It all comes down to this.
After over a month of matchups and articles, you have voted No. 1-seed Barry Bonds and No. 1-seed Phil Mickelson into the final.
Bonds and fellow No. 1-seed Reggie Jackson finished with 122 votes each after a day of voting in the Final Four but Bonds edged him out with 56 percent in the tie-break. Mickelson defeated James Harden in the Final Four with 56 percent of the vote.
Read about each below and then vote on the champ right here:
For the final time in our #MaroonMadness series: Who is the greater #ASU pro athlete?— House of Sparky (@HouseOfSparky) July 27, 2018
Full post here: https://t.co/qFPhc6gL4Q
Bonds (from first-round article): Baseball’s home run king played 22 season in MLB but his use of steroids has led many to question his records and kept him out of the Hall of Fame. Regardless, Bonds is one of the greatest hitters in baseball history and won seven MVP Awards with the Pirates and Giants. In three season at ASU, Bonds helped lead ASU to two College World Series appearances and hit 45 home runs.
Mickelson (from first-round article): At ASU, Mickelson was the winner of three consecutive NCAA individual championships as well as the nationally awarded Haskins Award for the best collegiate golfer. He additionally led the Sun Devils to a team championship in 1990. In his professional career, ‘Lefty’ has racked up five major wins, including three Master’s victories in 2004, 2006 and 2010.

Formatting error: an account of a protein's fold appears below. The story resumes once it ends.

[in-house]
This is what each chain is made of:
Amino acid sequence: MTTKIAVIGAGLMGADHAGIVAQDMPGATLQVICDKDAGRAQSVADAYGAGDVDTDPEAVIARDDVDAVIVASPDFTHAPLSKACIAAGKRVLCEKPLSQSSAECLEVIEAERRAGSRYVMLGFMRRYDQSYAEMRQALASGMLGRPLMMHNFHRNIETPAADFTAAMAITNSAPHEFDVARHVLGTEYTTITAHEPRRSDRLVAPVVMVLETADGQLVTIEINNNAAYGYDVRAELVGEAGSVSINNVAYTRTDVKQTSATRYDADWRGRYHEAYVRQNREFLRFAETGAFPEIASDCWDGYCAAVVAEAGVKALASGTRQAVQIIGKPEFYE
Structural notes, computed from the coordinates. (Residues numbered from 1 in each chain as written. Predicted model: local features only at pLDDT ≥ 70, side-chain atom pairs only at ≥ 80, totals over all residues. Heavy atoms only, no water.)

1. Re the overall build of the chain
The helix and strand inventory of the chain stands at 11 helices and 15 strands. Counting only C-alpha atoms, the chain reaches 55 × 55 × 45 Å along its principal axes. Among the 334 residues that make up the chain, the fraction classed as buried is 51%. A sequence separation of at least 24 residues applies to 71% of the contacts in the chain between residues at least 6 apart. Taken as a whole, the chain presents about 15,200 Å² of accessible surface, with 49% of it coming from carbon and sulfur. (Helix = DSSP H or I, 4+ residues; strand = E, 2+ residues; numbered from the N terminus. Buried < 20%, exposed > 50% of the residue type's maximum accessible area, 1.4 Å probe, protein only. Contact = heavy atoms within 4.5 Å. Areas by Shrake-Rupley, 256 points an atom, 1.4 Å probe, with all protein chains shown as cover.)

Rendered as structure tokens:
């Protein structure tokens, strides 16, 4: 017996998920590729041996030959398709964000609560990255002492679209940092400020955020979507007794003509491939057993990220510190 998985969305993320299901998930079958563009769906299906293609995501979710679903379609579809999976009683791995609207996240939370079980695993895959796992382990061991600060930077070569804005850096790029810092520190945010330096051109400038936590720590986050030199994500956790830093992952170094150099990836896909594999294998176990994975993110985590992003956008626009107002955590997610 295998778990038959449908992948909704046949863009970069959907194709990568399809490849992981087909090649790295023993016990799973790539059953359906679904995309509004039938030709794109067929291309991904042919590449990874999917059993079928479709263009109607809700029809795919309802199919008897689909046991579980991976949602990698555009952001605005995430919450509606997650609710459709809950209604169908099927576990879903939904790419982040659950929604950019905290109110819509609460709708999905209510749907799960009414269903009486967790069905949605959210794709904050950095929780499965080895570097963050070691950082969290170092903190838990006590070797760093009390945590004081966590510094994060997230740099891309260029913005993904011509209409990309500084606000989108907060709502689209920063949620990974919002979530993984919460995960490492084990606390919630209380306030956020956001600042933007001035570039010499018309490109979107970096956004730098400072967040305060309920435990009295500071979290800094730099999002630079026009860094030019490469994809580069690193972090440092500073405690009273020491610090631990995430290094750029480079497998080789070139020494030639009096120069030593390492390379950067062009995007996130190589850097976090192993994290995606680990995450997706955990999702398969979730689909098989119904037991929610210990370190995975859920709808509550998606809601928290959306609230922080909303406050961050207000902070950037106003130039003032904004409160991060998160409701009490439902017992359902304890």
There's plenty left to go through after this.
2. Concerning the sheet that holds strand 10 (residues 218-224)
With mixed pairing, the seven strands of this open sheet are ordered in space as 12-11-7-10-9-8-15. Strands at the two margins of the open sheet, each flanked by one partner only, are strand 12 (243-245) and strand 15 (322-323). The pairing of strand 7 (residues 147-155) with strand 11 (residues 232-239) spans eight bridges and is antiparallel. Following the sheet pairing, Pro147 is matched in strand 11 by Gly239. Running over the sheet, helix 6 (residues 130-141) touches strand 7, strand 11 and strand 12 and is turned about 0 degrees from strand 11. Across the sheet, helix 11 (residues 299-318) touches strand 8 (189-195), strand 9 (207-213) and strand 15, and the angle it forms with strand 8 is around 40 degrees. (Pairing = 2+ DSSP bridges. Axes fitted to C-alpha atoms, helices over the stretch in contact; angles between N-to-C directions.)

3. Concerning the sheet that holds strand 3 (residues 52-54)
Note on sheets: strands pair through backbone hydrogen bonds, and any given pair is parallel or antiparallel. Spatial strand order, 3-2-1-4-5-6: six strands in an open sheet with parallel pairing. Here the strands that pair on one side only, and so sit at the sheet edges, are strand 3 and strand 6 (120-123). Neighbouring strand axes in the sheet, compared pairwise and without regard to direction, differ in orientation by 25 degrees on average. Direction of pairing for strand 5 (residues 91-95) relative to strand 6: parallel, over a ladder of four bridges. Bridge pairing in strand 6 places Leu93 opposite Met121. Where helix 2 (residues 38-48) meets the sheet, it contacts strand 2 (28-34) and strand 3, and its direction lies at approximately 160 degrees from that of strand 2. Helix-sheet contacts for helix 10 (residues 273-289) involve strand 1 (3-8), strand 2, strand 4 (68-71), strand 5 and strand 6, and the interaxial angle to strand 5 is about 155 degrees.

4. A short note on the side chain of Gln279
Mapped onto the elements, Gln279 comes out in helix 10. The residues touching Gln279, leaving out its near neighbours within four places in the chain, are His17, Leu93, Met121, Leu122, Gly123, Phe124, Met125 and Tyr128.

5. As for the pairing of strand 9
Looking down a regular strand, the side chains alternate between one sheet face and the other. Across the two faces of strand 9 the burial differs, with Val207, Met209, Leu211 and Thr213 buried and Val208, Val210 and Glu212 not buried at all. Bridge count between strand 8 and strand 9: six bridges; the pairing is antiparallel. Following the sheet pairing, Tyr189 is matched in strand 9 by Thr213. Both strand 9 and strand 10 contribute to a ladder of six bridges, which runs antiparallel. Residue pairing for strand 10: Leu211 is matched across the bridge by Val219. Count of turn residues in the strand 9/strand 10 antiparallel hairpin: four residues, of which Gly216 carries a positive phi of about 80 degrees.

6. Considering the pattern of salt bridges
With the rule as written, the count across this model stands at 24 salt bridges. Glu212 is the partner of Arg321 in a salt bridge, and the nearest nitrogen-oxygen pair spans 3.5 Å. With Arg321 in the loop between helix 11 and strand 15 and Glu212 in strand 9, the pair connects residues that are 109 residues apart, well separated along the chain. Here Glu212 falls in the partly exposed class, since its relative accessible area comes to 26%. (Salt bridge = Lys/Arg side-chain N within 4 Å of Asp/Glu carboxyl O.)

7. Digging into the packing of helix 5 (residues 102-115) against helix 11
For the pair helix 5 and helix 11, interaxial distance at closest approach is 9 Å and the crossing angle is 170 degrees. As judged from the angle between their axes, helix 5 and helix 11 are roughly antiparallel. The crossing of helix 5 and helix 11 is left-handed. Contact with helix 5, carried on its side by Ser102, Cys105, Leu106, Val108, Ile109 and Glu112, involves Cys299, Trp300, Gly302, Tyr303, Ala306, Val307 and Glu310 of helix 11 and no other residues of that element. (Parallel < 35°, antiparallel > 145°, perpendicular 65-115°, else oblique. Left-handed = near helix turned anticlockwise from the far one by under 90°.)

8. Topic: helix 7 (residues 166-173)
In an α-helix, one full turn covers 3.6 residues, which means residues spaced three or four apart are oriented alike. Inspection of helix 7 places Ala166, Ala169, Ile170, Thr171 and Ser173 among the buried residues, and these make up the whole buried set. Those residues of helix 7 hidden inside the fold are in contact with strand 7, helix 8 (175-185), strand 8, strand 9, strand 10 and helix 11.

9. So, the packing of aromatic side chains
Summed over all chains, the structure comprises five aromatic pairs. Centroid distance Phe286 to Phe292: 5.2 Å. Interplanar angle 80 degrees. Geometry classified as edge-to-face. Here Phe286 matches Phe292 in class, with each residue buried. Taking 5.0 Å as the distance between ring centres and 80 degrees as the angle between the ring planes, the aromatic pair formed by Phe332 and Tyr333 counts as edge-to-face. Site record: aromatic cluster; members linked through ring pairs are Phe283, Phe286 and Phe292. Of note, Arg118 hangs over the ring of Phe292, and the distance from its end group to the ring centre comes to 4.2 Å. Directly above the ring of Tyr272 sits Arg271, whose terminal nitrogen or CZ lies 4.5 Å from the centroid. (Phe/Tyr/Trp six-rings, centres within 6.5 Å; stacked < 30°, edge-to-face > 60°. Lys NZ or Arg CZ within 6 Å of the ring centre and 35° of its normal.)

Bonds (from Sweet 16): August 7, 2007. On a chilly San Francisco summer night, Bonds launched an 86-MPH offering from Nationals’ left-hander Mike Bacsik for career home run No. 756. Bonds passed Hank Aaron and sent the sell out crowd at AT&T Park into a frenzy. In a very polarizing moment for baseball, fans began debating who was truly the home run king due to the belief Bonds used performance-enhancing drugs throughout his career.
Mickelson (from Sweet Sixteen): While Mickelson has had several, by far the most defining moment is the one that introduced him to the world. For Phil, he gained national recognition before he went professional. It isn’t common for a golfer to be named National Collegiate Golfer of the year three times in a row. Only Mickelson and Ben Crenshaw have won it three times. Additionally, Mickelson didn’t win his first major until 13 years into his professional career. Now he is a World Golf Hall of Famer.
The Home Run King’s Resume
|.347 batting average|
|45 home runs|
|Member of the All-College World Series Team in 1983 and 1984|
|Named to the All-Time College World Series Team in 1996|
|MLB-record 762 home runs|
|MLB single-season record 73 home runs in 2001|
|Career .298 batting average|
|12-time Silver Slugger Award winner|
|Three-time Haskins Award winner|
|Three-time NCAA champion|
|2012 World Golf Hall of Fame inductee|
|9th-most PGA Tour victories (43)|
|Three time Master's winner - 2004, 2006, 2010|
|PGA Championship winner - 2005|
|The Open Championship winner - 2013|